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What Does a Scenic Artist Do?

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  • Written By: Dan Harkins
  • Edited By: Kaci Lane Hindman
  • Last Modified Date: 11 November 2016
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A scenic artist works for movie, television or theater production companies to paint backdrops and other artistic elements that are needed to lend the final product a fighting chance of suspending reality. The production designer, also known as the charge artist, may employ several scenic artists to paint movie or theater sets. For smaller productions, however, the director may also be the production designer as well as the scenic artist in charge of soliciting volunteers from the cast and crew.

A few educational or experiential paths can lead to a career as a scenic artist and eventually a production designer. Many art school graduates favor large-scale mural art or realism. Others train specifically as set artists for theater productions. Sculptors and graphic artists using computer programs also may be enlisted as scenic artists to produce set pieces or devise the sketches for final storyboards. Though these are ultimately the responsibilities of the chief artist in the credits — the production or stage designer — scenic artists are frequently employed to actually do the artwork envisioned by the designer.

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A scenic artist must be able to take direction and criticism from the designer and director, but also work independently to create work that lends credibility to the production. Not only will a scenic artist understand how to paint and draw realistic settings, but also the techniques of stagecraft that allow for realistic-looking natural materials, such as marbling processes that can make wood look like stone. Many of these special skills are earned through theater or film school education; the rest are picked up from colleagues and bosses over years of experience.

Many scenic artists in 2011 are employed by change artists overseeing digitized shows and movies that have vast arrays of scenery devised in post-production. Green screens are commonly used while actors play out a scene. Then, scenic artists use graphics programs like Alien Skin&reg or Perfect Photo Suite&reg to fill in the blank spaces later, frame by frame.

Some animated productions utilize as many as 100 or more scenic artists for one project. Three-dimensional modeling programs may be used to help writers and sketch artists visualize each character. Then other scenic artists are employed to color in various frames or provide landscape art in sections to mimic both the natural world as well as the particular style that has been chosen by the director and change artist to give the production a unique look.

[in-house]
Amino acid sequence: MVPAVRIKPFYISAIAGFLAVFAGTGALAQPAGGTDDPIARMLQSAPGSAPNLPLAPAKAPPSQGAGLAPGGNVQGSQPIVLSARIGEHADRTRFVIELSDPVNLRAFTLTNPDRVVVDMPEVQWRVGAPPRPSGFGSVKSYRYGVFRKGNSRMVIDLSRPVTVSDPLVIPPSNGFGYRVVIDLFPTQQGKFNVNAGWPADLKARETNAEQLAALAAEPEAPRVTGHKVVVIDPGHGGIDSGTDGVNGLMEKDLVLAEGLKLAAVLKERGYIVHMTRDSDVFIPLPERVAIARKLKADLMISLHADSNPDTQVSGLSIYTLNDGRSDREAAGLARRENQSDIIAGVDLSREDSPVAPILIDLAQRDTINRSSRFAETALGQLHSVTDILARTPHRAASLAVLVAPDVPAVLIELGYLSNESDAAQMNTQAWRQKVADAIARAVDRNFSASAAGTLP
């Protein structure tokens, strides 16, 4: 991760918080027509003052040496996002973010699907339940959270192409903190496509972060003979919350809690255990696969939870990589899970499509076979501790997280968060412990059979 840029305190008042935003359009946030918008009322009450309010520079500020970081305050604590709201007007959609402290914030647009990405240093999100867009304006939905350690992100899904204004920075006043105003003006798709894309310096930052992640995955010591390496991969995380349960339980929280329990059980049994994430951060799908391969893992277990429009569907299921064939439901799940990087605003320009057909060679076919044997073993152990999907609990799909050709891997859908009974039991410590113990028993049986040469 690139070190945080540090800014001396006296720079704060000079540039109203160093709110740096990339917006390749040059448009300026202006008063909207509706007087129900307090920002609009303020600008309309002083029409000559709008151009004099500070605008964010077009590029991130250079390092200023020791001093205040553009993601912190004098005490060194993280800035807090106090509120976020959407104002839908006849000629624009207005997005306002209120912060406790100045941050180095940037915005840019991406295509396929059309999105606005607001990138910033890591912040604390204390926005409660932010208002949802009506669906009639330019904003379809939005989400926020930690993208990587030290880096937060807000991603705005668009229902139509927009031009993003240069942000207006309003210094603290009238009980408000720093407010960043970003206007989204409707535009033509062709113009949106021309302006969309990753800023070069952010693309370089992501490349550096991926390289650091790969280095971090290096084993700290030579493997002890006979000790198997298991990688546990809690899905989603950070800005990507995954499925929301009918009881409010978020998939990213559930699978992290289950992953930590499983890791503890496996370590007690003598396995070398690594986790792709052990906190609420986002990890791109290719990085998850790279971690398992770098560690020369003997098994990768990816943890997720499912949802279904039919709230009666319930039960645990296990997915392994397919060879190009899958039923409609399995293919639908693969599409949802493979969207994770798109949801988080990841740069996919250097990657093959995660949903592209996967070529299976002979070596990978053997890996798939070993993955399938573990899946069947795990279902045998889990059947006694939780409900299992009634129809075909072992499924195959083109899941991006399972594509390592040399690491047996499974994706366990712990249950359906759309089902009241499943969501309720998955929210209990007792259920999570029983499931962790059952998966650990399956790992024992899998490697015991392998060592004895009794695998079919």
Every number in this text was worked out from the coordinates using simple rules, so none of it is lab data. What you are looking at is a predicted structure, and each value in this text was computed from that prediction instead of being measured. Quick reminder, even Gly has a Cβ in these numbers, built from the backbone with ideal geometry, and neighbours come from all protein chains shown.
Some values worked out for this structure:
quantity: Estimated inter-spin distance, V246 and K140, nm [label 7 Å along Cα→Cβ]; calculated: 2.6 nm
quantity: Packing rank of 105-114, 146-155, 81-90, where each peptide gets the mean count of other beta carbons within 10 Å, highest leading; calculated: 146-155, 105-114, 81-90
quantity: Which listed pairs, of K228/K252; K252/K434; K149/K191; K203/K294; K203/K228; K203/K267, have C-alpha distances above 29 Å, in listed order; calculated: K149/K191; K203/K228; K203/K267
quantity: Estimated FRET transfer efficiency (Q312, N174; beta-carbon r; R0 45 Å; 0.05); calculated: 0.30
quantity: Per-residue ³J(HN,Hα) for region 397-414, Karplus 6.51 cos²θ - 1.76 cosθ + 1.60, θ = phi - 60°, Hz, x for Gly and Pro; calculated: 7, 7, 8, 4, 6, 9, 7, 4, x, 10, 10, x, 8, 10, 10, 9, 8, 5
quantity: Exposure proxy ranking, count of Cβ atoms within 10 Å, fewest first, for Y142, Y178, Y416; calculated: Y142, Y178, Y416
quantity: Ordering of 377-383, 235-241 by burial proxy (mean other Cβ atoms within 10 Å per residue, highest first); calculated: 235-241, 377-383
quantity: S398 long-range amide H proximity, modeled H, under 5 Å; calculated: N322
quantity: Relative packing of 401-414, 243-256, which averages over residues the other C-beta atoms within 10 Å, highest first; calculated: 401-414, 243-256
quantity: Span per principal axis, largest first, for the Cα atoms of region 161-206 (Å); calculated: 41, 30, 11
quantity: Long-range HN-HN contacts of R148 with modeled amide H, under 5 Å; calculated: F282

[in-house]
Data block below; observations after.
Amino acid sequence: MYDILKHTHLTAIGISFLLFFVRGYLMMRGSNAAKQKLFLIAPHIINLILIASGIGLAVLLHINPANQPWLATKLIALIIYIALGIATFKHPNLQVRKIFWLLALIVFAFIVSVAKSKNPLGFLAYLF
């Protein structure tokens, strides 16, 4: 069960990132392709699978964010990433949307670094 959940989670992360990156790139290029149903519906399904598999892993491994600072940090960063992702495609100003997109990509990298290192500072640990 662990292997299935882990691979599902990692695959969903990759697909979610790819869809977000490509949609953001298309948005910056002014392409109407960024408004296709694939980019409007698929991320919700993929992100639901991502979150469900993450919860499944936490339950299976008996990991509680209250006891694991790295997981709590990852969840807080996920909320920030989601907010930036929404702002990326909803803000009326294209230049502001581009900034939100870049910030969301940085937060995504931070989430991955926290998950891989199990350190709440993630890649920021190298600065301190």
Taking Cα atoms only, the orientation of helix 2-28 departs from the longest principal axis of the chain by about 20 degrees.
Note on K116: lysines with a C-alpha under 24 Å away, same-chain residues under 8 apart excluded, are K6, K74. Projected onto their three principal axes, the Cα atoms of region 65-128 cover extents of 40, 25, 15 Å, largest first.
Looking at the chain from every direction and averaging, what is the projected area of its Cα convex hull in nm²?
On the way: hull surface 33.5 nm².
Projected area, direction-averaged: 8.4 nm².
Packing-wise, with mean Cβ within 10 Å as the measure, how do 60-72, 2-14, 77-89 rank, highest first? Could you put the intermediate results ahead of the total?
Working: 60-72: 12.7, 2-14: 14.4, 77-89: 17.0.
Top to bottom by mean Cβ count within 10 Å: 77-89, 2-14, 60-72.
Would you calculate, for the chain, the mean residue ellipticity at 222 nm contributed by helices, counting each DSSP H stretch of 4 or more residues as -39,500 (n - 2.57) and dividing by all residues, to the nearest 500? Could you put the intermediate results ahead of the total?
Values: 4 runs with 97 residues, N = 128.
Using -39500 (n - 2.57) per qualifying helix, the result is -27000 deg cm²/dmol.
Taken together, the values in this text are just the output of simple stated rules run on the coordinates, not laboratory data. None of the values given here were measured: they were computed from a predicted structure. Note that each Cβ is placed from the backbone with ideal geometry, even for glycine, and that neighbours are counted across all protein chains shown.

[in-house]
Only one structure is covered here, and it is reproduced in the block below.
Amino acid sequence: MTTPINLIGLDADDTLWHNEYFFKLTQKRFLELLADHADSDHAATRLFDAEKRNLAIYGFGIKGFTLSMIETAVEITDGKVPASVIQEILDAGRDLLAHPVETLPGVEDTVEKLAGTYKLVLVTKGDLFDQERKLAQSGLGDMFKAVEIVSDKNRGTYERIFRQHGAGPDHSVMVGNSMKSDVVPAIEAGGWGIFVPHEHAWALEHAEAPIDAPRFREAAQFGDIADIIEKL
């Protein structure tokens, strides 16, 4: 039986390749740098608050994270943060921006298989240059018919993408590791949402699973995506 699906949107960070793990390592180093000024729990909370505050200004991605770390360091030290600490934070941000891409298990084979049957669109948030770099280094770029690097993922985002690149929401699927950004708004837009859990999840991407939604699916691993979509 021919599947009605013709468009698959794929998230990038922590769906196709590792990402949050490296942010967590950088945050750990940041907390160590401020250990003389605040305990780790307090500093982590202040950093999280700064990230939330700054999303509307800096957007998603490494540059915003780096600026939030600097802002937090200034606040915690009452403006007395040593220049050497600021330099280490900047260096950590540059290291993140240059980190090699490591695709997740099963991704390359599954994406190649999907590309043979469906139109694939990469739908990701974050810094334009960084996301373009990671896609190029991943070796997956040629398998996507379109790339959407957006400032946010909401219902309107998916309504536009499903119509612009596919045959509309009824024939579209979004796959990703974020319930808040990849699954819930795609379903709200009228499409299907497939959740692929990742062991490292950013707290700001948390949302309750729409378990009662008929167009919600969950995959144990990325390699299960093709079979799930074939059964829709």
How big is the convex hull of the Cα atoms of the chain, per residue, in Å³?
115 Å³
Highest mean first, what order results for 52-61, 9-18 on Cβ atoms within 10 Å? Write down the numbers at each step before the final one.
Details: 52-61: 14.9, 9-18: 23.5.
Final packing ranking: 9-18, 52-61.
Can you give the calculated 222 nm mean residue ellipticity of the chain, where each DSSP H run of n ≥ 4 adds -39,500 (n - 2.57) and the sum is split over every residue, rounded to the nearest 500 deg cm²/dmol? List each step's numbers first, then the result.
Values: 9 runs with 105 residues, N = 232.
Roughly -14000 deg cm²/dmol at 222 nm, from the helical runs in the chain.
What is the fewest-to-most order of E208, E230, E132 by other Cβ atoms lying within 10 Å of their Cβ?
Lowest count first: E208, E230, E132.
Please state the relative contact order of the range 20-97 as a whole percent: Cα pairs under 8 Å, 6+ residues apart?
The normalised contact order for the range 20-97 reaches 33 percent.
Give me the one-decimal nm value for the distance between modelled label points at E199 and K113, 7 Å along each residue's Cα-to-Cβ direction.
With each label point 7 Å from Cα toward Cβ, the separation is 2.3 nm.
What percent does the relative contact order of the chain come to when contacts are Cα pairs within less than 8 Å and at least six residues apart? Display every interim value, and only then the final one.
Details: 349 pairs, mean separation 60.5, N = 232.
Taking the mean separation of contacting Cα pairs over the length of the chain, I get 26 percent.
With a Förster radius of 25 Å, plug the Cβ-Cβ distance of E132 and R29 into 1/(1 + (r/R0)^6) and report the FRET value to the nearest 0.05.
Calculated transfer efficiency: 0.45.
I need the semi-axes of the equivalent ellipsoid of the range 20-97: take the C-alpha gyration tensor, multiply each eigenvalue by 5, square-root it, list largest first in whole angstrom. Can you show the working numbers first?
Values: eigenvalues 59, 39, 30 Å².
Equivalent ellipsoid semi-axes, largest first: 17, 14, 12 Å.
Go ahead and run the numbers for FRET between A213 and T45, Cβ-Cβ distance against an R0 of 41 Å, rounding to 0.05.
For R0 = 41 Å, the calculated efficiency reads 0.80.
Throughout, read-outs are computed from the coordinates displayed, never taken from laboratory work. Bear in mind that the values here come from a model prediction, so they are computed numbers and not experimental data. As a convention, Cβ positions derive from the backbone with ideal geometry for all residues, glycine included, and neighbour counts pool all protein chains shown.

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pastanaga
Post 3

@bythewell - I personally think the problem stems from the fact that you need multiple artists for every bit of scenic art done in CGI. Before, you could get a piece from a single artist and they were able to make it cohesive and bizarre at the same time. These days it's essentially done by committee, which means it is likely to be less cohesive and less interesting as all the weird bits get ironed out.

bythewell
Post 2

Well, I think they are still called scenic artists, even if they are using CGI instead of paint. And even today you still have people using traditional techniques for one reason or another.

They actually didn't always just paint a background, particularly on science fiction shoots.

Sometimes they would use a real location and just warp the image to make it look otherworldly and sometimes they would build an entire miniature set with lights and all so that they could film it from above and use that (I think they did that for Bladerunner).

The CGI means that they can actually animate individual aspects of the background so it looks even more realistic, which is pretty cool.

croydon
Post 1

When you re-watch old style films that used traditional scenic art it's actually amazing how beautiful the paintings are and how cleverly they trick the eye into thinking that the actors are standing in front of a large landscape, rather than just a backdrop. You see it a lot in old Star Trek episodes, because they needed to create different alien landscapes and cities and they needed to be able to do it relatively cheaply.

These days, of course, it's all put in by computer. Lovely, but not quite the same.

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